Treatment for Brachial Plexus Injury in Newborn

close up photo of a stethoscope

The arrival of a newborn into the world is a course for celebration. Sadly, not all doctors and nurses are careful enough while attending to new moms and their babies, which can result in life-threatening complications or even the death of the mother or child.

In the absence of prompt medical treatment or attention, injuries to the brachial plexus (a network of nerves that transmits signals to and from the shoulder, arm, and hand) can have devastating consequences, such as long-term incapacity and unbearable agony. Recent advancements in nerve surgery have enabled a remarkable improvement in mobility and function at the shoulder, elbow, and hand while simultaneously decreasing pain in infants.

Brachial plexus is a severe possibility during birth. Around 1-3 babies out of every 1,000 are born with a brachial plexus injury, commonly known as a brachial plexus birth injury. The baby’s shoulders may become lodged in the mother’s pelvis even after the head has been born. The shoulders become unrestricted as the brachial plexus nerves are stretched from the head tilted to the side. Some incidences of brachial plexus during cesarean sections have been linked to the baby’s position in the uterus, and the condition can emerge spontaneously in highly unusual circumstances.  

What Is Brachial Plexus Birth Injury?

Brachial plexus is when the arm becomes weak or paralyzed due to damage to the brachial plexus, which can happen during birth and delivery. The brachial plexus is a complex network of nerves that extends from the cervical spine to the upper arm. These neurons supply the feeling of touch and the mobility of the arm and hand.

Types of Brachial Plexus Injury

Injuries to the brachial plexus during birth can be broken down into subtypes based on the specific nerves affected and the order in which they were injured. The various forms of brachial plexus injuries include the following:

Stretch (neurapraxia)

Neuropraxia is caused by prolonged compression or stretching of a nerve beyond its normal range. Myelin insulates and supports a neuron, making it vital to the nervous system’s operation. The actual neuron remains undamaged, while the surrounding myelin sheath is damaged.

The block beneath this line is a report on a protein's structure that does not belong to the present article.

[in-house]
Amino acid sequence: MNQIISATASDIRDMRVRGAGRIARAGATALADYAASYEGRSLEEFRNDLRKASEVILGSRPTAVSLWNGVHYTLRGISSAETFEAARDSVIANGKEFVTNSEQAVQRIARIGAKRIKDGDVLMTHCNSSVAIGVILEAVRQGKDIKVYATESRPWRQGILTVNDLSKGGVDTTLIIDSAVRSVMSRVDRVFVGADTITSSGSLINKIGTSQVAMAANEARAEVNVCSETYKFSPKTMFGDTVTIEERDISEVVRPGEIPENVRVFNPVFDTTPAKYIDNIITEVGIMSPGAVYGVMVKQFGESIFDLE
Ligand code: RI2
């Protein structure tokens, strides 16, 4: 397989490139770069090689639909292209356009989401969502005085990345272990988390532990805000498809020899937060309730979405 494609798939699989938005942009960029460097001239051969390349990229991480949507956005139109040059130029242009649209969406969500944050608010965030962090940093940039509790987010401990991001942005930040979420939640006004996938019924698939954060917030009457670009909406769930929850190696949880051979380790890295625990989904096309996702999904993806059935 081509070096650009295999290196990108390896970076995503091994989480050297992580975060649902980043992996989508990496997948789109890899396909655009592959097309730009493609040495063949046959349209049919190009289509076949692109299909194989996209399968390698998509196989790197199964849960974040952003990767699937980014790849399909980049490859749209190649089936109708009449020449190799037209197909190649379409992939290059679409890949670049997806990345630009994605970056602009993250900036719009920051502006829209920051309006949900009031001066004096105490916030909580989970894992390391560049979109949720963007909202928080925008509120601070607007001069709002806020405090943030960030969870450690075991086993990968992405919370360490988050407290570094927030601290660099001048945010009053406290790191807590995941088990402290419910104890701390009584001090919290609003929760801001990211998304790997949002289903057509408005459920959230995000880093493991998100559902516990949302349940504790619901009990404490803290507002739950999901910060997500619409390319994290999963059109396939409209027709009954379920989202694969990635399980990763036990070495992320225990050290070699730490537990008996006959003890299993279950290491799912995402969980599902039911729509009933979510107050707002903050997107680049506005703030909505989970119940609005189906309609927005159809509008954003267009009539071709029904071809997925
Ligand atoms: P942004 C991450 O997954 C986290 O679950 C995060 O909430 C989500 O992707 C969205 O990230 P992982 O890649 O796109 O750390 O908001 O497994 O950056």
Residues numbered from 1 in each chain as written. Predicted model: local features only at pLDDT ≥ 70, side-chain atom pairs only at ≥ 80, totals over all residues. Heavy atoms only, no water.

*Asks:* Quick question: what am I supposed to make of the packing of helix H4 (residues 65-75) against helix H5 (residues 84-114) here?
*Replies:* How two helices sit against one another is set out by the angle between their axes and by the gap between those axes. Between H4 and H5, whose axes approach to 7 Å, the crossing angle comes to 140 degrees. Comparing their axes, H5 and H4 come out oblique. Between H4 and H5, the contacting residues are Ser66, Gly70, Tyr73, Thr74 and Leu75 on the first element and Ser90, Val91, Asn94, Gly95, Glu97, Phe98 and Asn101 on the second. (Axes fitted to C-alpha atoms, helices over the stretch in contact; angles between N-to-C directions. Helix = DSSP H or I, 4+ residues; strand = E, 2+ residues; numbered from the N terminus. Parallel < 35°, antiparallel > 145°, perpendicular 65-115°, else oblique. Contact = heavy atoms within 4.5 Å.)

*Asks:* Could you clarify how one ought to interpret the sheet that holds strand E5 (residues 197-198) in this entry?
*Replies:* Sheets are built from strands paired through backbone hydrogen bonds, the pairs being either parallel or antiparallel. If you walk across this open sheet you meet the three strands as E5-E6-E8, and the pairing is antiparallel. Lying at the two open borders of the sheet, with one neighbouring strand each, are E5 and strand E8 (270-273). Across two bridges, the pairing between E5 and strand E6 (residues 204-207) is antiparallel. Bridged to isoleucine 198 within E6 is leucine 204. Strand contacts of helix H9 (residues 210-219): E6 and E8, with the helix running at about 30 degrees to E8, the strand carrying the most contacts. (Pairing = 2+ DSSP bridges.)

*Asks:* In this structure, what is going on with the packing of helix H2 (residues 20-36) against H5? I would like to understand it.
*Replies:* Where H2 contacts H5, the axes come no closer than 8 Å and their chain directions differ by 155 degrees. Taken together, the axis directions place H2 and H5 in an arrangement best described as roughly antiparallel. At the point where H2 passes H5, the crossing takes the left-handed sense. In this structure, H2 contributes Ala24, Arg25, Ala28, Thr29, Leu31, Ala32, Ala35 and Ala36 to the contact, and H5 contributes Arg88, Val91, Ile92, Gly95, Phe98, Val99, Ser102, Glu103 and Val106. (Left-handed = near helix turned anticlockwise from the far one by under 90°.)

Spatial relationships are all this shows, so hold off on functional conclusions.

Rupture is a common type of nerve injury where the nerve is ripped but not at its attachment to the spine. The damage is external to the spinal cord and may require surgery to repair.


The neuroma occurs when a damaged nerve starts to mend, but scar tissue forms. Injured nerves cannot send and receive signals because scar tissue is pressing on them. Neuroma wounds cannot heal without medical attention.


An avulsion is a deep rupture in the skin that separates the epidermis from the dermis. Skin avulsions typically result from trauma, such as that sustained in a car crash or from a machine. Most injuries of this severity require hospitalization and intensive treatment.

Is There Hope for Children Born with Brachial Plexus Injuries?

Birth injuries to the brachial plexus sometimes result in permanent weakening or paralysis of the affected arm but will recover on its own in some cases. When infants sustain brachial plexus injuries, physical therapy is vital for them to make a complete recovery.  

Physiotherapy stretches and exercises are most effective when the treatment regimen is followed thoroughly. The physician will keep a close eye on infants. By the time they are 3 to 12 months old, many children have fully recovered.

Diagnosis of Brachial Plexus Injury in Babies

After collecting a thorough history and conducting a thorough physical examination, your baby’s pediatrician can determine if they have suffered brachial plexus damage at birth. Planned visits with a family doctor are necessary since most newborns who suffer brachial plexus injury make a full recovery within the first month to six weeks after birth. If your child’s symptoms have not improved after six weeks, you should take them to a pediatric orthopedist or brachial plexus specialist.

Medical evaluation and care for these infant injuries are often managed by an emergency medicine specialist with expertise in pediatrics. The following can be used to diagnose brachial plexus injury in Babies, they include:

  1. Magnetic resonance imaging (MRI)
  2. X-rays
  3. nerve conduction study (NCS) and electromyogram (EMG) to test nerve and muscle function.

Signs and Symptoms of Brachial Plexus Injury in Babies

Brachial plexus injuries have comparable symptoms for people of all ages, but an infant cannot communicate that it is numb or that it cannot move its arm. To effectively examine and treat a newborn with this form of injury, the symptoms of this kind of injury in a newborn must be detected by a medical professional or the parents to be appropriately assessed and treated.